Senator from Louisiana downplays state’s maternal mortality crisis, implies Black mothers’ lives don’t matter


Amidst the escalating war on women’s reproductive rights, which recently intensified with the leak of the Supreme Court’s majority opinion to overturn Roe vs. Wade, on May 19 in an interview with Politico at the Harvard T.H. Chan School of Public Health, U.S. Sen. Bill Cassidy M.D. made racist statements on Louisiana’s maternal mortality crisis. 

When asked about Louisiana’s high maternal mortality rates, Cassidy said, “About a third of our population is African American; African Americans have a higher incidence of maternal mortality. So, if you correct our population for race, we’re not as much of an outlier as it’d otherwise appear.” He continued, “I say that not to minimize the issue but to focus the issue as to where it would be. For whatever reason, people of color have a higher incidence of maternal mortality.”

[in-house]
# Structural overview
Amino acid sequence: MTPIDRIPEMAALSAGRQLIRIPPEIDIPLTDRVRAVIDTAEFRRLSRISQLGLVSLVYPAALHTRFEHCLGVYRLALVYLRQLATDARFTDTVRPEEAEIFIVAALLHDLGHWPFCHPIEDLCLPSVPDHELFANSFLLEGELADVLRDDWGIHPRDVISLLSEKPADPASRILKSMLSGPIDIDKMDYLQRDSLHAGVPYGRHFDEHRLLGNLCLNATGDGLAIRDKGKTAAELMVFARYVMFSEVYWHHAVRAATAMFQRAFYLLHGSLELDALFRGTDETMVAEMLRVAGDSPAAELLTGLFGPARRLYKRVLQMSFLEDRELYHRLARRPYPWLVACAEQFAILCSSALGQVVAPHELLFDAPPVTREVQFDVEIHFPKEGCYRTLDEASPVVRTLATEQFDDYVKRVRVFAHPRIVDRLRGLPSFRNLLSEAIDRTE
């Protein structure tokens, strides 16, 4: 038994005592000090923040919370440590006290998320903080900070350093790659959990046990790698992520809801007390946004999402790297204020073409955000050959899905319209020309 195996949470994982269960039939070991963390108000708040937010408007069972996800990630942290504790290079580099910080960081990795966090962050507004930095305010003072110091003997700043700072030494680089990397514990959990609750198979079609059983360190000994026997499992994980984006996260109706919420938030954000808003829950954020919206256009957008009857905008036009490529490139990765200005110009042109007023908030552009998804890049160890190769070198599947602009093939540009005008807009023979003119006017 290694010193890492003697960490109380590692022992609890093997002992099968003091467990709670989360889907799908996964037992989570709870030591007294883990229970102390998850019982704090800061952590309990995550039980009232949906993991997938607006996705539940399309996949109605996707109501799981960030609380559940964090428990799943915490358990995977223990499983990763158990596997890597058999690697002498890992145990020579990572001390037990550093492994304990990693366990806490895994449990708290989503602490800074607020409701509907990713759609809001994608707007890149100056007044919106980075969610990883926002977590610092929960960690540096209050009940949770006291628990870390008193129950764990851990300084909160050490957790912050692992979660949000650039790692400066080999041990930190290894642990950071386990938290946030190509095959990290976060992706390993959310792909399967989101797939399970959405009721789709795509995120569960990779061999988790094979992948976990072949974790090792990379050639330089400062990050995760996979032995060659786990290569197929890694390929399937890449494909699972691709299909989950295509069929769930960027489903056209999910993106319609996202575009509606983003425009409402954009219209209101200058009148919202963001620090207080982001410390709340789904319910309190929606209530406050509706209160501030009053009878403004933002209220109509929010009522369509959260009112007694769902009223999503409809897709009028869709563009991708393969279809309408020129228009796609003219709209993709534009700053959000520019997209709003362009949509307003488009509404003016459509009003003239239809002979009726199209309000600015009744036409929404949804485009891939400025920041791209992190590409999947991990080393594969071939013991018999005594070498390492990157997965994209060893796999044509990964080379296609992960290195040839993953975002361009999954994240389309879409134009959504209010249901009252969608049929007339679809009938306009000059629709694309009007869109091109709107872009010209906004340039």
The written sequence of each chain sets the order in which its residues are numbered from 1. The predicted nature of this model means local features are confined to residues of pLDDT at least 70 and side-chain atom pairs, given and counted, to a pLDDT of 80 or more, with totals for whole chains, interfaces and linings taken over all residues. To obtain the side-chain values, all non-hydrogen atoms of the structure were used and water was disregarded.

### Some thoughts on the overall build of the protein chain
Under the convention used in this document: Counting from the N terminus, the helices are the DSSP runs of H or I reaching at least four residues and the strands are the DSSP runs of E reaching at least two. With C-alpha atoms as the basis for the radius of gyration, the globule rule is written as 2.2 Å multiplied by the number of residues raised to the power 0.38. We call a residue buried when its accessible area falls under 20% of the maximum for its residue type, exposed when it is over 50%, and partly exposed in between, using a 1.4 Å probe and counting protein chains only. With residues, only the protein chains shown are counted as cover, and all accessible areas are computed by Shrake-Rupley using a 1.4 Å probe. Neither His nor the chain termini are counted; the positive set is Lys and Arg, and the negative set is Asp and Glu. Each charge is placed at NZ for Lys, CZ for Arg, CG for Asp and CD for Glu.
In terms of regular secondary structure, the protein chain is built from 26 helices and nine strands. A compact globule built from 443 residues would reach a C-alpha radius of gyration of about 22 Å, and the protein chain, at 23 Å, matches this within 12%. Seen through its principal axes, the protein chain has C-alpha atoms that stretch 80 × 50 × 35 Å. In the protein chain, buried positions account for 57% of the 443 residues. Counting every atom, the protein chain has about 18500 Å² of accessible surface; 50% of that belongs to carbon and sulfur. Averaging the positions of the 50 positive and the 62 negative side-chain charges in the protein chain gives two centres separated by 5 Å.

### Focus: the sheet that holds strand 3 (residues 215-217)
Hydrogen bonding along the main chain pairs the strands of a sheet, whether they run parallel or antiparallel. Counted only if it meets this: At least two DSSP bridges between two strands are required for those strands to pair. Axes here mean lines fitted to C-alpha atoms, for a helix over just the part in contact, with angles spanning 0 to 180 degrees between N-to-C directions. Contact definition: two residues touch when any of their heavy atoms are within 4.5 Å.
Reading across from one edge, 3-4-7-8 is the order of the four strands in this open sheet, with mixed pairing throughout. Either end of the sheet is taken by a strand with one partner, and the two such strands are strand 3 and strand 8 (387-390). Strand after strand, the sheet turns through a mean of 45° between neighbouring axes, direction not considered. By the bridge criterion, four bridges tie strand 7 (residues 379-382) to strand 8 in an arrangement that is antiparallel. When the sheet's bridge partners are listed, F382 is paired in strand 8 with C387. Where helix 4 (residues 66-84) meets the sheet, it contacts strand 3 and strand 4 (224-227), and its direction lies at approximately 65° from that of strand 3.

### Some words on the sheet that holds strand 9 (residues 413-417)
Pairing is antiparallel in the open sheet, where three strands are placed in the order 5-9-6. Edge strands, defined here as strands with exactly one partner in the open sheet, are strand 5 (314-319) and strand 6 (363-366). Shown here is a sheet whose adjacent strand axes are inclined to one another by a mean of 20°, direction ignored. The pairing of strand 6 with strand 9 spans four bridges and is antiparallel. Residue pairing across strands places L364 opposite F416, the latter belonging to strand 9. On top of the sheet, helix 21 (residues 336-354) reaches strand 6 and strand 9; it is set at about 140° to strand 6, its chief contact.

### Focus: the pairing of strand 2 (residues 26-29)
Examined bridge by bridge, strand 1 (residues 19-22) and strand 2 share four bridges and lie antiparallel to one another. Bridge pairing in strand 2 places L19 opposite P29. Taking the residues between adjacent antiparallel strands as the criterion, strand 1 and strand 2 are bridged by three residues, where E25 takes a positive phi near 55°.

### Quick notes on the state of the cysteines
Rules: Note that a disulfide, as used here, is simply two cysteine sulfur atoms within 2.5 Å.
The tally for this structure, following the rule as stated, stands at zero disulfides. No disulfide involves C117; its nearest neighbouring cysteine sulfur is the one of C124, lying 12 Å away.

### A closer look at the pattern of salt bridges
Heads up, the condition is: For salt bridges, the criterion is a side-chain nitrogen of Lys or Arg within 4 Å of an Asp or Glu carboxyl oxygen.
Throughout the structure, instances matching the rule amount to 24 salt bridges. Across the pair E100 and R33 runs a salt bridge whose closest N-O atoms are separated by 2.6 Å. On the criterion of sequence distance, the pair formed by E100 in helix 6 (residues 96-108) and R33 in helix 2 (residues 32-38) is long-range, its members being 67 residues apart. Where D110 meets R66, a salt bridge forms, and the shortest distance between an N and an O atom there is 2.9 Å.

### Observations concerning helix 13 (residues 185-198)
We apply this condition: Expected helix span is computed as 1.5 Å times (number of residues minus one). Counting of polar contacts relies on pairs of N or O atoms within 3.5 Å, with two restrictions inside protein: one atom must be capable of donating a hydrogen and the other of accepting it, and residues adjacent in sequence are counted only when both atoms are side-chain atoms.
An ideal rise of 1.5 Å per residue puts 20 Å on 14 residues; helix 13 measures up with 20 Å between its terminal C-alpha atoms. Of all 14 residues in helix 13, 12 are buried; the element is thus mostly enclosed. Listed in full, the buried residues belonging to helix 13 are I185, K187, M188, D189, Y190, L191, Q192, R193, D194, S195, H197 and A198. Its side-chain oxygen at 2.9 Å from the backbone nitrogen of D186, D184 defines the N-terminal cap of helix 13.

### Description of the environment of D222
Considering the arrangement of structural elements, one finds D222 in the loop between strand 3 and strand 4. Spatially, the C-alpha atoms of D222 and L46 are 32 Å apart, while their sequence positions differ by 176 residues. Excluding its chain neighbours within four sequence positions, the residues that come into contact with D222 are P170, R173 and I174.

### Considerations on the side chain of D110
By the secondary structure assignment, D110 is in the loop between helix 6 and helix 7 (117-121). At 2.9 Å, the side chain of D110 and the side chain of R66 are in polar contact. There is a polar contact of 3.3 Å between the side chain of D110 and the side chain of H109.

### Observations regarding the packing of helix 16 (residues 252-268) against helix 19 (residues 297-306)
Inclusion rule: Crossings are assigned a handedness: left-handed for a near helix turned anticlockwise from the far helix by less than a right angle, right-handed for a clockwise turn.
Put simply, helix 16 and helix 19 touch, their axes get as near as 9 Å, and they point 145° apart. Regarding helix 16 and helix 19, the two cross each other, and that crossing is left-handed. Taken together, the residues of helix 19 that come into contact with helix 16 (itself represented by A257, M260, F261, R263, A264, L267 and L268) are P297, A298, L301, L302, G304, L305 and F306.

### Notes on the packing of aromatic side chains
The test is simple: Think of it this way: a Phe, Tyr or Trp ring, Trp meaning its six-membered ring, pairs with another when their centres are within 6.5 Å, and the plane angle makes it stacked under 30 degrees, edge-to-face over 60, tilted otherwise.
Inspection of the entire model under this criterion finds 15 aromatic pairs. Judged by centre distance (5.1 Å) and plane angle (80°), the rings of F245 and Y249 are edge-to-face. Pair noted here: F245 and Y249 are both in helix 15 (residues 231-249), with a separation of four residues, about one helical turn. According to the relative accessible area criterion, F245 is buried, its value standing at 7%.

Cassidy essentially said that Louisiana’s maternal mortality crisis is not as bad as it seems because the state has a high Black population. Implied is the idea that Black women’s lives matter less than those of white women. That Cassidy attempted to minimize the horror of women dying in childbirth at all reveals — that like other “pro-life” politicians — he blatantly disregards women’s health and autonomy. Not only is Cassidy a politician betraying his responsibility to serve all his constituents, including women and Black people, he is also a medical doctor breaking his commitment to people’s lives in favor of furthering his conservative political agenda.